One afternoon, when I was a young mom with a toddler and an infant just a few weeks old, my right hand started to tingle as I put away laundry. I tried to put it out of my mind, but the tingling persisted throughout the day.

Days went by, and the more attention I paid the tingling — and the more I began to worry about its possible nefarious cause — the more relentless the sensation became. After a week or so, the tingling began to spread. I now felt it in my right foot.

Before long, it wasn’t just tingling. Dramatic, embarrassing muscle twitches leaped up under my skin like plucked, reverberating piano strings. Sometimes, electrical zaps shot down my legs. And, worst of all, I began to experience a deep, dull muscle pain in all of my limbs that came and went as unpredictably as my baby’s nap schedule.

As my symptoms progressed, I started to panic. My lifelong hypochondria bloomed into something more focused and militant — something less like concern and more like obsession. I scoured the internet for answers to what might be causing this strange series of physical events. Was it multiple sclerosis? Or could it be ALS?

Large portions of my day, and my mental energy, became devoted to riddling through potential causes for these weird physical issues.

Of course, I also visited my doctor. On his recommendation, I dutifully made an appointment with a neurologist, who had no explanations for me and sent me to a rheumatologist. The rheumatologist spent 3 minutes with me before declaring definitively that whatever I had, it wasn’t in his scope of practice.

Meanwhile, my pain continued, unabated, with no explanations. The many blood tests, scans, and procedures came back normal. In total, I ended up visiting nine practitioners, none of whom could determine a cause for my symptoms — and none of whom seemed inclined to put much effort into the task.

Finally, my nurse practitioner told me that, in the absence of conclusive evidence, she would call my symptoms fibromyalgia. She sent me home with a prescription for a drug commonly used to treat the condition.

I left the exam room devastated, but not quite willing to believe this diagnosis. I had read about the signs, symptoms, and causes of fibromyalgia, and this condition simply didn’t ring true to my experience.

Deep down, I had begun to feel that though my symptoms were intensely physical, perhaps their origin was not. After all, I wasn’t blind to the fact that every test result indicated I was a “healthy” young woman.

My internet research had led me to discover the lesser-known world of mind-body medicine. I now suspected that the issue behind my strange, locomotive pain might be my own emotions.

It wasn’t lost on me, for example, that my very obsession with my symptoms seemed to fuel their fire, and that they had begun during a period of enormous stress. Not only was I caring for two kids on next to no sleep, I had forfeited a promising career to do so.

Plus, I knew there were lingering emotional issues from my past I’d swept under the rug for years.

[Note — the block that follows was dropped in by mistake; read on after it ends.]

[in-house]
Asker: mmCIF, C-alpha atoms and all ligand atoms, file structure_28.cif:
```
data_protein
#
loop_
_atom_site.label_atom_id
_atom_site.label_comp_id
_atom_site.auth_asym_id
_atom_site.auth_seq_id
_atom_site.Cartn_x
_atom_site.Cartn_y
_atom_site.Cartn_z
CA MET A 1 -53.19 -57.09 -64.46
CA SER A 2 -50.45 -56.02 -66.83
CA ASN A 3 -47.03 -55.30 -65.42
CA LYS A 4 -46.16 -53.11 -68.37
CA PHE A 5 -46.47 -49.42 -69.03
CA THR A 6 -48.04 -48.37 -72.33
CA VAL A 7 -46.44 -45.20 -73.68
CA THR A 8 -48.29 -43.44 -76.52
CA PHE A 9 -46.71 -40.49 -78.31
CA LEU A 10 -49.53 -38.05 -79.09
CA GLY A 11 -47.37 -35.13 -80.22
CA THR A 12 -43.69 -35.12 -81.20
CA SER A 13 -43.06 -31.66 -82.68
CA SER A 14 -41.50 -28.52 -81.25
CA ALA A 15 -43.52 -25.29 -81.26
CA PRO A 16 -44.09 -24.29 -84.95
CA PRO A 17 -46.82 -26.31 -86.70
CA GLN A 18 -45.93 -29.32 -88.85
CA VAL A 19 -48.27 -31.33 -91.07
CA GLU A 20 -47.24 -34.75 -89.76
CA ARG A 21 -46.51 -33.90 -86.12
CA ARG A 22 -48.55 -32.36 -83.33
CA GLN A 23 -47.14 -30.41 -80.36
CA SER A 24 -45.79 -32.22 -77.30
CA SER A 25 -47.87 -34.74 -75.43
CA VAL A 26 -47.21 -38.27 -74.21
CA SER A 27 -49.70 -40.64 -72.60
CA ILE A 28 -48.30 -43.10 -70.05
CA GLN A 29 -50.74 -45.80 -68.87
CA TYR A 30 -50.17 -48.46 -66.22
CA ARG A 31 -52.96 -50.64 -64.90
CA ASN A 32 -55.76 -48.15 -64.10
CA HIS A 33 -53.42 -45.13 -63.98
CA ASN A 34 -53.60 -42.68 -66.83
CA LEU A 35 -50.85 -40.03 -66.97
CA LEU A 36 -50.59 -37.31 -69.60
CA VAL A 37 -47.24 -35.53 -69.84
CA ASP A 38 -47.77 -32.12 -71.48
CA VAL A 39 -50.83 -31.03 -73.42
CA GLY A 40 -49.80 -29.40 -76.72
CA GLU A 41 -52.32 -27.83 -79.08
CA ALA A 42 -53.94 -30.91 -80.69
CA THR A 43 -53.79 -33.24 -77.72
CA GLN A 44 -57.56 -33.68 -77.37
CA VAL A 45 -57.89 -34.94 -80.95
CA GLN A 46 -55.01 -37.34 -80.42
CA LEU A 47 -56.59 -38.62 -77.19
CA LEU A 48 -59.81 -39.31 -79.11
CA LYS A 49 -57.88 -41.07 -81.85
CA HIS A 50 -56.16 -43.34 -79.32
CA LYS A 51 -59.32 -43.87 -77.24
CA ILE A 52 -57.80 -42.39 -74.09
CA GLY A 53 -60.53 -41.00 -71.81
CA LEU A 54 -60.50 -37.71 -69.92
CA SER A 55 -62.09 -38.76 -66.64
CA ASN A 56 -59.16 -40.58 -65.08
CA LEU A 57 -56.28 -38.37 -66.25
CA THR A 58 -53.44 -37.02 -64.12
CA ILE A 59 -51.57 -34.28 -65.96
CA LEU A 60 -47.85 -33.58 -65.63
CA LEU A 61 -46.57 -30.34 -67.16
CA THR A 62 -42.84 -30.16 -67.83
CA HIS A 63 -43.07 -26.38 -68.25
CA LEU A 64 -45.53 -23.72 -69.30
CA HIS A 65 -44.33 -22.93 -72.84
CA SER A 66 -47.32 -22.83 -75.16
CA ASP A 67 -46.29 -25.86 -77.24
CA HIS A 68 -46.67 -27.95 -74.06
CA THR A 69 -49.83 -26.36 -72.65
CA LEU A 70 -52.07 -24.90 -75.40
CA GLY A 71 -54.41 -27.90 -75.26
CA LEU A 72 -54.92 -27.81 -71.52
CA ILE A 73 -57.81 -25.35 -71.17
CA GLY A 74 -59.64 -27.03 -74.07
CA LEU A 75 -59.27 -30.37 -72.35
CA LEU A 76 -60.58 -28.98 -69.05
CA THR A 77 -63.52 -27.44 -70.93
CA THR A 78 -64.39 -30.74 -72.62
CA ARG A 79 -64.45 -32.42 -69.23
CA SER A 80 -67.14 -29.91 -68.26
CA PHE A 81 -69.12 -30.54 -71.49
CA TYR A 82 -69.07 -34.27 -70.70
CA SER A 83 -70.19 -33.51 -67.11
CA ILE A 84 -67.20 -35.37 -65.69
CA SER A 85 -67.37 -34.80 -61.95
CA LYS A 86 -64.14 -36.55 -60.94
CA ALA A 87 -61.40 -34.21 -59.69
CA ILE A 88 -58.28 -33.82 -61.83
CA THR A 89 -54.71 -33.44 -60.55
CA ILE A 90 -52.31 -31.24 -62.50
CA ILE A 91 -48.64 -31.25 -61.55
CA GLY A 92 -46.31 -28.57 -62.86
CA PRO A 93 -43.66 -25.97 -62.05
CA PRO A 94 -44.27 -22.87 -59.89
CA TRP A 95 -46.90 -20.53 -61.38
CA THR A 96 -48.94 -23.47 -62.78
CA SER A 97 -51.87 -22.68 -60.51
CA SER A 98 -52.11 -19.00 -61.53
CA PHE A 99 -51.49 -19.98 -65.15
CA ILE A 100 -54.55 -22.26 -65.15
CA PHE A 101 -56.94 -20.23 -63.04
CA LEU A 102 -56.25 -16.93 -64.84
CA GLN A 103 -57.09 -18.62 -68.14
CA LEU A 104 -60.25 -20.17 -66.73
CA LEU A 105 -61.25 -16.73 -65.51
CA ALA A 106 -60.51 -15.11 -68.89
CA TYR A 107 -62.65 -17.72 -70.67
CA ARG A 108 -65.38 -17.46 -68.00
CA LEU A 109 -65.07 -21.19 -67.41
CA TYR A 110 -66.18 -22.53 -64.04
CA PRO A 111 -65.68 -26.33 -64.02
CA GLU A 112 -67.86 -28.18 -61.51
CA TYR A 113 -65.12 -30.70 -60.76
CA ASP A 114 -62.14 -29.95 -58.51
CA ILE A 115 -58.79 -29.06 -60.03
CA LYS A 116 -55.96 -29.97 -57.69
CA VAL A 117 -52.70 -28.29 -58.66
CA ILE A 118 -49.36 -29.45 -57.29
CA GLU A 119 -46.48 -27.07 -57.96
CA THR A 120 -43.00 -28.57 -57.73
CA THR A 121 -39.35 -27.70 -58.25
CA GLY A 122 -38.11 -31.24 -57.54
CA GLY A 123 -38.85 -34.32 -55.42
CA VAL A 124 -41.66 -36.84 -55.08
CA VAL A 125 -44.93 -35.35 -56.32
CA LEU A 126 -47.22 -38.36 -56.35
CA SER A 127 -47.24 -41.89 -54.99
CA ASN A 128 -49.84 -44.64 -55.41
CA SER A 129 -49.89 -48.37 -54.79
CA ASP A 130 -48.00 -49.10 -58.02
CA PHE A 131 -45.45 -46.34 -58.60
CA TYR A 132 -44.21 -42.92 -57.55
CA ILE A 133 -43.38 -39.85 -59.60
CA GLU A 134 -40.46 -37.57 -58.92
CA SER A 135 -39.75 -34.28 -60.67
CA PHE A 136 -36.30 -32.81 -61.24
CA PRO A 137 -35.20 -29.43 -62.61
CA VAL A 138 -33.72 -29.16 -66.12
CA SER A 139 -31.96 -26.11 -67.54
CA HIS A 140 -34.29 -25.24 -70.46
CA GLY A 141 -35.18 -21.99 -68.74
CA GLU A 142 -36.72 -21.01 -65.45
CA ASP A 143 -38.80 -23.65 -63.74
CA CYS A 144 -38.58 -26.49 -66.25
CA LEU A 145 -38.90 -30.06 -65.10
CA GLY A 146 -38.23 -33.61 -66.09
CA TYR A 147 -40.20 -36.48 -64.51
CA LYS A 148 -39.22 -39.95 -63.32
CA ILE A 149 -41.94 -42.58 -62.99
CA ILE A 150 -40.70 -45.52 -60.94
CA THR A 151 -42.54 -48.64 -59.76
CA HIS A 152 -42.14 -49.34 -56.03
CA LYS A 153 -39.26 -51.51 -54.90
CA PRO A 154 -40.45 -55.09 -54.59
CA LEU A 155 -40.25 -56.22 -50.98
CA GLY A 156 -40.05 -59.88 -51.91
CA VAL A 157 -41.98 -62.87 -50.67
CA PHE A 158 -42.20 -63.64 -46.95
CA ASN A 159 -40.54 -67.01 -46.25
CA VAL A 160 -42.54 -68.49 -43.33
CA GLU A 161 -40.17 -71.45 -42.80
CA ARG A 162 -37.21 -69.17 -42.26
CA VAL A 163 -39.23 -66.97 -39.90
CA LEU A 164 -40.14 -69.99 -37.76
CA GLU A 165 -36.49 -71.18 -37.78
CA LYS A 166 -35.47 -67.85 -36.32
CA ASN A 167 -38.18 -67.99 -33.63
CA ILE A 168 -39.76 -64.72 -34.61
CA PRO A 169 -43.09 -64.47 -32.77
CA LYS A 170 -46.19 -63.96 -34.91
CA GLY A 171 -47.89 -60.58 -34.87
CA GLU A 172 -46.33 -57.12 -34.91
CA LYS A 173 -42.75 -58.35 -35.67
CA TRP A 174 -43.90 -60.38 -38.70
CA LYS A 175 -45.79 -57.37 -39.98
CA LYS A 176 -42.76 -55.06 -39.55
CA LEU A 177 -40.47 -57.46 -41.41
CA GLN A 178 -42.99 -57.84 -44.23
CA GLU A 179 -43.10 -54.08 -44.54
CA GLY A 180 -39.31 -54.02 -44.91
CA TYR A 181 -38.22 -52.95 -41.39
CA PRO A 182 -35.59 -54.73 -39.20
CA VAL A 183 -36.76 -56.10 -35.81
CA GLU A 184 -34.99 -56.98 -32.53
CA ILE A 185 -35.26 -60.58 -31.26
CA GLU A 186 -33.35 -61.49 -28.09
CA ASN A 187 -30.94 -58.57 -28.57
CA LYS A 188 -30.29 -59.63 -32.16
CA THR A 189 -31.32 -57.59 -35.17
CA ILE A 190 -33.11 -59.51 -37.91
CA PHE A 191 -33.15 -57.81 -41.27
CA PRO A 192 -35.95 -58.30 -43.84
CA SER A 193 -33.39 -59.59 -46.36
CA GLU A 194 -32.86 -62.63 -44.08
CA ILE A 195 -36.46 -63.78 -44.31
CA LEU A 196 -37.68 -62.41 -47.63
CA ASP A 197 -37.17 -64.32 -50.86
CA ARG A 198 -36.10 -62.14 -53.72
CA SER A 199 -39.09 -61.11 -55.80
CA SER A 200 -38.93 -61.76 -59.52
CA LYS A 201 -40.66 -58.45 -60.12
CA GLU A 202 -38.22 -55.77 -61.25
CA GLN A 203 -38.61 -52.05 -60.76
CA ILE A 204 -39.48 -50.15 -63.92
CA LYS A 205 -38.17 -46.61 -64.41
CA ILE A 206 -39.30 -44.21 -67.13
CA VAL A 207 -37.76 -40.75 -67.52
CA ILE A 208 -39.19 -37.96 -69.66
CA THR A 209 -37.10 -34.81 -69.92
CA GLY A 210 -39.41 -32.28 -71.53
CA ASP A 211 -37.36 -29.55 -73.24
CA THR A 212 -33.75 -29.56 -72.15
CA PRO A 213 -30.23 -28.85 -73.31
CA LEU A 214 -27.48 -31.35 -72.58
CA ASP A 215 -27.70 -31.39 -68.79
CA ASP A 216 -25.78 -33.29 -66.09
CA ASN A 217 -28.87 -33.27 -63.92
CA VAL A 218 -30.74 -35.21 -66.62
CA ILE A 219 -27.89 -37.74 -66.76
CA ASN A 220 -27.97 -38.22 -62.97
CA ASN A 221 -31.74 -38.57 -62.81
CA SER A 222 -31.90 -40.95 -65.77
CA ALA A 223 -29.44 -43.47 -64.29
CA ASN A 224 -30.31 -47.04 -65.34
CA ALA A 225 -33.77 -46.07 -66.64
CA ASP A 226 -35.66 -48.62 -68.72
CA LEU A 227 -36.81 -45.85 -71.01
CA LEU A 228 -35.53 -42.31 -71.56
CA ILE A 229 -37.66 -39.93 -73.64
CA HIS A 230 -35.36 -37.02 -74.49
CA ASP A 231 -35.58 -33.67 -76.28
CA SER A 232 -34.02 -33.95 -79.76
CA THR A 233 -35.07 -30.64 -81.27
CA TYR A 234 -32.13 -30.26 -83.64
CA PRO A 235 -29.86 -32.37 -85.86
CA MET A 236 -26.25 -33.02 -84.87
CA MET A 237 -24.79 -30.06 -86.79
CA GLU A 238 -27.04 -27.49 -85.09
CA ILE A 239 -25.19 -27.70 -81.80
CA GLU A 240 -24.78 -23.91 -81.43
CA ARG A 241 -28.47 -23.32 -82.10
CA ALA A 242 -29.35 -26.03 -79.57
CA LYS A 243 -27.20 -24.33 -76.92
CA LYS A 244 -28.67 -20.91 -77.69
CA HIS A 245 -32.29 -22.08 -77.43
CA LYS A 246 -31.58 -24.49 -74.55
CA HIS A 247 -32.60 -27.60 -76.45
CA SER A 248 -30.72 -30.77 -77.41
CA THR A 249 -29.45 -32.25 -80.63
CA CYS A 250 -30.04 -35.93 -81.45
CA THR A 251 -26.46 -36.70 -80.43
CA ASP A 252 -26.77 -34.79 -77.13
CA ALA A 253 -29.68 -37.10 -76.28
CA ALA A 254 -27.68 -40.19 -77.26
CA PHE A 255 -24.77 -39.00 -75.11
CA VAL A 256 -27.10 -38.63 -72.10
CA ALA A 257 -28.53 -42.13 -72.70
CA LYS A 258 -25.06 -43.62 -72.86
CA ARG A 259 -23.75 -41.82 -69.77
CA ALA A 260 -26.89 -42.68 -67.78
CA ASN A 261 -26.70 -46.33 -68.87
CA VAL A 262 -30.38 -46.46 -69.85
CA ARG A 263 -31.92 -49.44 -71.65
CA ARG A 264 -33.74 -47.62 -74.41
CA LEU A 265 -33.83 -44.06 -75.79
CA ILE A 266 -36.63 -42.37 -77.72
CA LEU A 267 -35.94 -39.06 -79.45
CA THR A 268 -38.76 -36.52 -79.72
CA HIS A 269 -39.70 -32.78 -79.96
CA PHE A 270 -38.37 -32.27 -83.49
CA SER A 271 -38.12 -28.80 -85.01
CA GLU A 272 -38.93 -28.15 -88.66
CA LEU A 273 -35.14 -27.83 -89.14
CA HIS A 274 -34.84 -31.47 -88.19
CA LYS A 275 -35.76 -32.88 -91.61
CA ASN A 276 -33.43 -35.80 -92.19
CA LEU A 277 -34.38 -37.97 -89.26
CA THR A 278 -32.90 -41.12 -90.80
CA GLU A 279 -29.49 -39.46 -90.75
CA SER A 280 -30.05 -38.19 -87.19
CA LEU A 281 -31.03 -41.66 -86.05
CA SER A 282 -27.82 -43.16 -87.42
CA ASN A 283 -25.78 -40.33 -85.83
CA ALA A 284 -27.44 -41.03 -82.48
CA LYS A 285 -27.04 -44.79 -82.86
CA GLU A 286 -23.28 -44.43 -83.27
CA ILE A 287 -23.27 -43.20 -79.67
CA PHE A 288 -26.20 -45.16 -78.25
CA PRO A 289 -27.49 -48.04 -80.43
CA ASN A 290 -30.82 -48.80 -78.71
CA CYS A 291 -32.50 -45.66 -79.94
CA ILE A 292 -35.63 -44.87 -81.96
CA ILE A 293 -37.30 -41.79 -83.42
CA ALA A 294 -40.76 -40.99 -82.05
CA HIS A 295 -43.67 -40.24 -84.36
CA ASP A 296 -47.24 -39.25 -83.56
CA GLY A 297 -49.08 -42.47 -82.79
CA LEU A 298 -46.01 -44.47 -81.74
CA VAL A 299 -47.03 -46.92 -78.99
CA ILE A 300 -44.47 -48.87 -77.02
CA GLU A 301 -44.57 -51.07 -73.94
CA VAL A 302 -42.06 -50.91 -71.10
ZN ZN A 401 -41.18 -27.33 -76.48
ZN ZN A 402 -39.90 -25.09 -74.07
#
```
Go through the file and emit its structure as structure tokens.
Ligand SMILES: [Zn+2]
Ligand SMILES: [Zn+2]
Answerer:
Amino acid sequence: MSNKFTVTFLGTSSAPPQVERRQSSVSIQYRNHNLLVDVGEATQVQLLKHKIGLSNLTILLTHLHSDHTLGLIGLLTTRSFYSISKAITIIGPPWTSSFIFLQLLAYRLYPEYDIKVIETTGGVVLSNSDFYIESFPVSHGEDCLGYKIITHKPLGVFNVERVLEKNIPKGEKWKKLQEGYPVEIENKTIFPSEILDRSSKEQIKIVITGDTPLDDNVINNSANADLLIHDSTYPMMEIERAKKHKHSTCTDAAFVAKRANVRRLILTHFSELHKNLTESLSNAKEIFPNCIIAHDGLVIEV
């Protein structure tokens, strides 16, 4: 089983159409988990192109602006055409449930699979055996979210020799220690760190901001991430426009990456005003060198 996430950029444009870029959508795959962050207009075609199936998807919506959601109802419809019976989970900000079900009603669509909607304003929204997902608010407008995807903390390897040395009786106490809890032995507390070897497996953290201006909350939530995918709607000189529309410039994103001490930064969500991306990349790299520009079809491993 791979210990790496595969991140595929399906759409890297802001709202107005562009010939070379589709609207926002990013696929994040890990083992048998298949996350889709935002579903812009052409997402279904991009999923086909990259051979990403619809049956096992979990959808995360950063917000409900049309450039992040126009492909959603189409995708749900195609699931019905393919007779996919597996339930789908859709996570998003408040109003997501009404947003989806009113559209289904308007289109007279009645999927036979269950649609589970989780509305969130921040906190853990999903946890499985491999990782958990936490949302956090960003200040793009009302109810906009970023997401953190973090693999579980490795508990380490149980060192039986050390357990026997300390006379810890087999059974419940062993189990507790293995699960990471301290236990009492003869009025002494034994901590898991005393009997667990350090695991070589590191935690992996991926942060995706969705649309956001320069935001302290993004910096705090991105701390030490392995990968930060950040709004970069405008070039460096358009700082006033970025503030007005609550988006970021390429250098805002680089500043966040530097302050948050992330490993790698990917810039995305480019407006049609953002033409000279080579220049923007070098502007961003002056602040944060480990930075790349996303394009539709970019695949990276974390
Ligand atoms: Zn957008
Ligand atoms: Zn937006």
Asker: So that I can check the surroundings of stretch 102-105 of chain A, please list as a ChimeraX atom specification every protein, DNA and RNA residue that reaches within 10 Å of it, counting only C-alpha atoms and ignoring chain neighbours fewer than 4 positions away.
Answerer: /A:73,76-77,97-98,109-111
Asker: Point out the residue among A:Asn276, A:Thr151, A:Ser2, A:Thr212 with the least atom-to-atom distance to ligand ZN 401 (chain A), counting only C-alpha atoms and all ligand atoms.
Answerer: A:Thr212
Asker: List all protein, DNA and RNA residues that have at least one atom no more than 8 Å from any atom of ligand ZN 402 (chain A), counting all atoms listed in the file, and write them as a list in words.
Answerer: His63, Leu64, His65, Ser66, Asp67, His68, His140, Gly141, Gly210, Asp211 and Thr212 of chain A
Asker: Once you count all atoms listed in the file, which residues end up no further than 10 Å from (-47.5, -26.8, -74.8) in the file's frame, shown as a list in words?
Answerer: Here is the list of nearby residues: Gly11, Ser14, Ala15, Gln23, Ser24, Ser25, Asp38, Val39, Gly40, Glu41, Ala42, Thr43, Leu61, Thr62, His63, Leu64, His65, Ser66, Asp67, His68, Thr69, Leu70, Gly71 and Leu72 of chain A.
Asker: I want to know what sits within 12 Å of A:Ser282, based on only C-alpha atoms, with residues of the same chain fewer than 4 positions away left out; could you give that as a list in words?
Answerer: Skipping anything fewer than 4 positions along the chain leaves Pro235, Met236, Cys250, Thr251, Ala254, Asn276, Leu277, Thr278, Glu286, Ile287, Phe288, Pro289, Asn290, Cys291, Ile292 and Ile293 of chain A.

The more I read about how stress, anxiety, and even long-held anger could manifest in physical symptoms, the more I recognized myself.

The idea that negative emotions can cause physical symptoms isn’t just woo-woo. Numerous studies confirm this phenomenon.

It’s puzzling and troubling that, for all my doctors’ emphasis on evidence-based medicine, none of them ever suggested this connection. If only they had, I might have been saved months of pain and anguish — and I’m quite sure I wouldn’t have ended up with the aversion to doctors that plagues me to this day.

When I started paying attention to my emotions in relationship to my pain, patterns appeared. Though I rarely experienced episodes of pain in the midst of a highly stressful situation, I’d often feel the repercussions the next day. Sometimes, just the anticipation of something unpleasant or anxiety-producing was enough to prompt pangs in my arms and legs.

I decided it was time to address my chronic pain from a mind-body standpoint, so I went to a therapist who helped me identify sources of stress and anger in my life. I journaled and meditated. I read every mental-meets-physical-health book I could get my hands on. And I talked back to my pain, telling it that it had no hold over me, that it wasn’t really physical, but emotional.

Gradually, as I used these tactics (and improved certain measures of my self-care), my symptoms began to recede.

I’m thankful to say that I’m free from pain 90 percent of the time. These days, when I do get a tell-tale pang, I can usually point to an emotional trigger.

I know it may sound improbable and bizarre, but if there’s one thing I’ve learned, it’s that stress works in mysterious ways.

As I reflect on the 18 months of my life I spent chasing down medical answers, I see how that time served as an important education.

Though I felt routinely brushed off and passed around by medical providers, the lack of engagement turned me into my own advocate. It sent me diving all the more fervently into the search for answers that were true for me, regardless of whether they might have fit someone else.

Charting my own alternative course for health opened my mind to new avenues for healing and made me far more likely to trust my gut. I’m thankful for these lessons.

To my fellow medical mystery patients I say this: Keep searching. Hone your intuition. Don’t give up. When you become your own advocate, you may find you also become your own healer.

Sarah Garone, NDTR, is a nutritionist, freelance health writer, and food blogger. She lives with her husband and three children in Mesa, Arizona. Find her sharing down-to-earth health and nutrition info and (mostly) healthy recipes at A Love Letter to Food.